After Hurricane Isaac uncovered a shipwreck apparently hidden beneath the sands of an Alabama beach, curious locals learned an unexpected lesson in maritime history while visiting the photogenic hull. Shipwrecks, it seem, exert a very specific type of gravity. They are like train wrecks caught mid-horror and, no, people can't look away.
The best example of this phenomenon may well be the wreck of the Salem Express, which sits in the Red Sea. The wreck was recent enough -- the ship went down in 1991 -- that no one struggles to remember the lives that were lost as the ferry sank into the sea after striking a reef, but the wreck is already a huge attraction for divers, who can still see the luggage that still sits in the hull.
The Salem Express is part of an unusual group of shipwrecks because, unlike the Titanic or the Andrea Doria, it can be visited by tourists. While many of the world's wrecks sit in water too deep to dive, the Express is a long held breath away from the surface. As such it makes our list of the world's most interesting accessible wrecks.
These boats, which sit above and below the water all over the world, can provide travelers with the same glimpse the folks in Alabama got after Isaac, a view into the gullet of the ocean.
Sunk by bombers during WWII, the Thistlegorm is the Red Sea's most famous wreck. Divers explore the massive boat and play with the <a href="http://www.ssthistlegorm.com/">tanks, motorcycles and cars that were aboard when it sank.</a>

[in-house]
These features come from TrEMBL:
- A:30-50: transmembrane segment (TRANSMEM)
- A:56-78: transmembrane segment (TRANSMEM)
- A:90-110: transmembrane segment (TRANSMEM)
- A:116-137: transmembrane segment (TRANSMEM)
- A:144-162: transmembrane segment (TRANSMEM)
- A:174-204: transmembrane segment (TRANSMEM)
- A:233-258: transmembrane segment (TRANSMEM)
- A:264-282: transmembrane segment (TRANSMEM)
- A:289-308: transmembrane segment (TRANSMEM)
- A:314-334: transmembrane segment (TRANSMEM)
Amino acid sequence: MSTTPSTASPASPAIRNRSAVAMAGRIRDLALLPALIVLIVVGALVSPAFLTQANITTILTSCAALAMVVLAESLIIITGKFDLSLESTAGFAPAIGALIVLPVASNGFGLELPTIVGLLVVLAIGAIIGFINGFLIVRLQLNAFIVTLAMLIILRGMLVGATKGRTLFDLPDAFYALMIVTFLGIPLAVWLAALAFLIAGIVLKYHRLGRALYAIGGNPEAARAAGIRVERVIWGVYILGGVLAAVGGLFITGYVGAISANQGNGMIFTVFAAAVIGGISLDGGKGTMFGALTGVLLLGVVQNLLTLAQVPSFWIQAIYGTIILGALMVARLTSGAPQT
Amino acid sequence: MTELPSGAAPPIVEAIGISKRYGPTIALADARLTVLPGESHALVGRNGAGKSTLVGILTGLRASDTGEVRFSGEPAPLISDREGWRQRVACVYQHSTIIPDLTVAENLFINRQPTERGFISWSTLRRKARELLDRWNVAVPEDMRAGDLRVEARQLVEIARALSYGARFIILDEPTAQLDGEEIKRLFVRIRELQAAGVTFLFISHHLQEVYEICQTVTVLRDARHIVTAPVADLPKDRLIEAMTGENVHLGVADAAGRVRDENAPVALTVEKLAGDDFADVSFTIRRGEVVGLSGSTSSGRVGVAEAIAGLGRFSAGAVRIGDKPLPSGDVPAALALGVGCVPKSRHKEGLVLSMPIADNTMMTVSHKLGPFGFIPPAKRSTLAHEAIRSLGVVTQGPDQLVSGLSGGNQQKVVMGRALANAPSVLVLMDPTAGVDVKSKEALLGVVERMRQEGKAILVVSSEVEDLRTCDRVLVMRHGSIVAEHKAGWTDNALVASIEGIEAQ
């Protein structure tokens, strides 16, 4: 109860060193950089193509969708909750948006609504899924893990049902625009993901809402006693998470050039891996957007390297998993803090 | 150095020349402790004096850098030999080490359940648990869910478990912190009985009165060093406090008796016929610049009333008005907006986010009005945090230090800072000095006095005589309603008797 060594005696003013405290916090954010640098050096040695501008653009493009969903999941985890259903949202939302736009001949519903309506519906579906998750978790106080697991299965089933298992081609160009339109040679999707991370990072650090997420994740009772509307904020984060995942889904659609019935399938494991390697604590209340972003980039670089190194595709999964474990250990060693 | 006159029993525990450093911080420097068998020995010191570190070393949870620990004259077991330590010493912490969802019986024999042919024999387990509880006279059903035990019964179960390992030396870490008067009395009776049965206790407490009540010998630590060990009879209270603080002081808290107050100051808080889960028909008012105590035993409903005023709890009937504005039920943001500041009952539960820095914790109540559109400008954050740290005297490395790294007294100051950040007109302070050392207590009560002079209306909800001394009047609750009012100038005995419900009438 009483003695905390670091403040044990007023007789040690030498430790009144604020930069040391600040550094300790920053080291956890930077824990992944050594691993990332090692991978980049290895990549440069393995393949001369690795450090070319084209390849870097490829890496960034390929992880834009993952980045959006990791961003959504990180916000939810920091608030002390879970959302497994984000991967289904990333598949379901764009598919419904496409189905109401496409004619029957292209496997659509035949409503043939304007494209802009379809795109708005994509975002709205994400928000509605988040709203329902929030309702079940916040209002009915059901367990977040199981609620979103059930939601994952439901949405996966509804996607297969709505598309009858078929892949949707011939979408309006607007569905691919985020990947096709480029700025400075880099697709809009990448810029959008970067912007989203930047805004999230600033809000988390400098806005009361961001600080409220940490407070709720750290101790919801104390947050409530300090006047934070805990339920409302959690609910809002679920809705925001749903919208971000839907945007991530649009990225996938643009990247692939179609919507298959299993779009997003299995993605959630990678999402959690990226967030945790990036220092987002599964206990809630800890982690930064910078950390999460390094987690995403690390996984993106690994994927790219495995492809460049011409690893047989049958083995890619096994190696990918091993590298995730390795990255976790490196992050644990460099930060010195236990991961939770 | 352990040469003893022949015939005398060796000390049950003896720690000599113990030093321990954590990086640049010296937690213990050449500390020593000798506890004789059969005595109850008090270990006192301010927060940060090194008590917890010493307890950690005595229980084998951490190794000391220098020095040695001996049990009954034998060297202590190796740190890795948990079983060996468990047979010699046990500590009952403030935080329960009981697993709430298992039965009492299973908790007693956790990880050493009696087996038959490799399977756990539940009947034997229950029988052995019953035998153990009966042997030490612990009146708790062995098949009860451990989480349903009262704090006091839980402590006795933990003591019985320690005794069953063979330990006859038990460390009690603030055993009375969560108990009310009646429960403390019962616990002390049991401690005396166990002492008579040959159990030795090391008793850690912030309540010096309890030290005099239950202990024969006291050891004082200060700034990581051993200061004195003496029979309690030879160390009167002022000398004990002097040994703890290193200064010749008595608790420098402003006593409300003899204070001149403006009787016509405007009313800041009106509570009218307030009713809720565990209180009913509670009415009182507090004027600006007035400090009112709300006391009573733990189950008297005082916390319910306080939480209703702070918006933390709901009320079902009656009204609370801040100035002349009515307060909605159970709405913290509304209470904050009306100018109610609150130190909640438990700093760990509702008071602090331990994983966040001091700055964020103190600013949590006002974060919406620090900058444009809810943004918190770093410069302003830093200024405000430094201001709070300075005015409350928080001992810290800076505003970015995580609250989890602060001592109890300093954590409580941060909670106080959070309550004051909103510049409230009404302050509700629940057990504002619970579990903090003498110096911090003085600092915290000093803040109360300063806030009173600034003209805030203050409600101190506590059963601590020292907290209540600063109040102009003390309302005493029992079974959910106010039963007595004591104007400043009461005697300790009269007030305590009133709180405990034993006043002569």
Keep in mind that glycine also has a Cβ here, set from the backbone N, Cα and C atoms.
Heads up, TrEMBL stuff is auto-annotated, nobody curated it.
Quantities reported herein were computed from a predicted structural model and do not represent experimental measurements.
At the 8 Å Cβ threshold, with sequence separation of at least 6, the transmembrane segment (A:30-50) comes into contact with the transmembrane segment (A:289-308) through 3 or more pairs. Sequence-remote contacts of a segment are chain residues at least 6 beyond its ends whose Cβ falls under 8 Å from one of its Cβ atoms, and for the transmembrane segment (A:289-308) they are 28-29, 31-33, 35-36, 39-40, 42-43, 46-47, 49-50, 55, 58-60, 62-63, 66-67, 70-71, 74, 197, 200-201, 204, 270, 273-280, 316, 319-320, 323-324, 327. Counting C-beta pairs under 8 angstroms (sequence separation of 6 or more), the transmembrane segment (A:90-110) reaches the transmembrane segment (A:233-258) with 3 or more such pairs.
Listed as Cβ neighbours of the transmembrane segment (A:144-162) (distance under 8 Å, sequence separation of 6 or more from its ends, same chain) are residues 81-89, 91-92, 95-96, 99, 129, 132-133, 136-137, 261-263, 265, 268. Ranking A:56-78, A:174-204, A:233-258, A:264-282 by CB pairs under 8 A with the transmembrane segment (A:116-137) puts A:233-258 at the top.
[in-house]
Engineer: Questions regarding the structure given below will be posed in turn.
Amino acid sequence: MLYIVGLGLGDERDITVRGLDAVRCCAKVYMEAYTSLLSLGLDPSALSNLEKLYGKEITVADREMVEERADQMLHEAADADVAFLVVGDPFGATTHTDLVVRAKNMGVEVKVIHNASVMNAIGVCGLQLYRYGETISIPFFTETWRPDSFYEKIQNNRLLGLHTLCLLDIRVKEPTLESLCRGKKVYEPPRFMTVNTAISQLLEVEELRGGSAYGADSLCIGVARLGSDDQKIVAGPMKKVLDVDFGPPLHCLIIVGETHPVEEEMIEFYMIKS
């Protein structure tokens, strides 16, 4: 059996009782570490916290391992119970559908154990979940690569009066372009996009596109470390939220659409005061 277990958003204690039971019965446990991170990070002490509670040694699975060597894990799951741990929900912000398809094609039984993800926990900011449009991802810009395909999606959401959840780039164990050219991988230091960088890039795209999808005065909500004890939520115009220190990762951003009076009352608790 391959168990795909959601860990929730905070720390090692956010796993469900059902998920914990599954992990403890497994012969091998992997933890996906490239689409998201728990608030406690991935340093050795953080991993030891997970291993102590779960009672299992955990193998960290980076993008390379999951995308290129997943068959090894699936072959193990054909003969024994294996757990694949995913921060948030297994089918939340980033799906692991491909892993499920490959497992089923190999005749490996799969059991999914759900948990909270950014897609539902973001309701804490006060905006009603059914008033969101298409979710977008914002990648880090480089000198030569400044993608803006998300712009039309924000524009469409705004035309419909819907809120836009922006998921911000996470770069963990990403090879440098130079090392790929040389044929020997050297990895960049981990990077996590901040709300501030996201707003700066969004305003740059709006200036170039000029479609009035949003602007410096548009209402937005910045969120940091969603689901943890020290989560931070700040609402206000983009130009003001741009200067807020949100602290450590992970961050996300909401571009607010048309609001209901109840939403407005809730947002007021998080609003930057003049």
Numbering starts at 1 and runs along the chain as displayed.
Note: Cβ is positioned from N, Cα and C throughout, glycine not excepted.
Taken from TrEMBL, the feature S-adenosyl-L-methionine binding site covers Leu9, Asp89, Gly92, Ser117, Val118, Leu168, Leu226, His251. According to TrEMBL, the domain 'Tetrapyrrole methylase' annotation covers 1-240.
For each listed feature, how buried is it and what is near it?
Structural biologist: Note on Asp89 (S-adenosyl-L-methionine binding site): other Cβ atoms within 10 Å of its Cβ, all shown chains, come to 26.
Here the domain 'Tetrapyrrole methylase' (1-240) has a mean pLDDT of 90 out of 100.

The Skeleton Coast
The Skeleton Coast, the sandy strip of coastline running from Namibia's north into southern Angola, was named for the quantity of whale and sea bones in the dunes and for the skeletal shipwrecks that dot the seemingly endless beach.
The Rhone is famous for being a <a href="http://www.divebvi.com/dive-sites/rms-rhone/">stunningly intact schooner wreck</a> and for being the inspiration for the famous poem <a href="http://www.youtube.com/watch?v=c03sWpt62vw">Diving Into The Wreck by Adrienne Rich</a>.
The Northern Light
The Northern Light, a Great Lakes Freighter, sits in 190 feet of water off Key Largo, Florida, where it serves as a magnet for ocean life and experienced divers.
Truk Lagoon, located in the South Pacific archipelago, may boast the densest shipwreck field in the world. Sunk during WWII by American bombs, the <a href="http://www.truk-lagoon.com/">Fujisan Maru is the most famous wreck of the lot.</a>
The Arbutus sits in shallow, clear water near the Dry Tortugas, a chain of islands that is now a national park and <a href="http://www.nps.gov/drto/index.htm">has always been the inspiration for piratical legends</a>.
This shipwreck off of Hawaii remains a bit of a mystery. A Japanese fishing vessel, the boat that is now referred to as "Oshima" never sent out of distress signal and <a href="http://www.papahanaumokuakea.gov/maritime/oshima.html">was never identified.</a>
The Maheno, which sits on the broad sandy beach of Australia's Fraser Island, is a frequently photographed landmark for travelers to the area. The boat washed up on shore after being <a href="http://tourfraserisland.com.au/shipwreck.php">struck by a cyclone</a>.
The Costa Concordia
It took about a week for the wreck of the Costa Concordia, the most recently destroyed ship on this list, to attract tourists to the shores near Isola del Giglio in Tuscany.
The Salem Express
A former ferry that operated between Saudi Arabia and Egypt, the Salem Express sunk into the Red Sea in 1991 after hitting a reef. Though many people died in the wreck, the site <a href="http://aquaviews.net/scuba-dive-destinations/egypts-controversial-wreck-dive-salem-express/">retains popularity with divers. </a>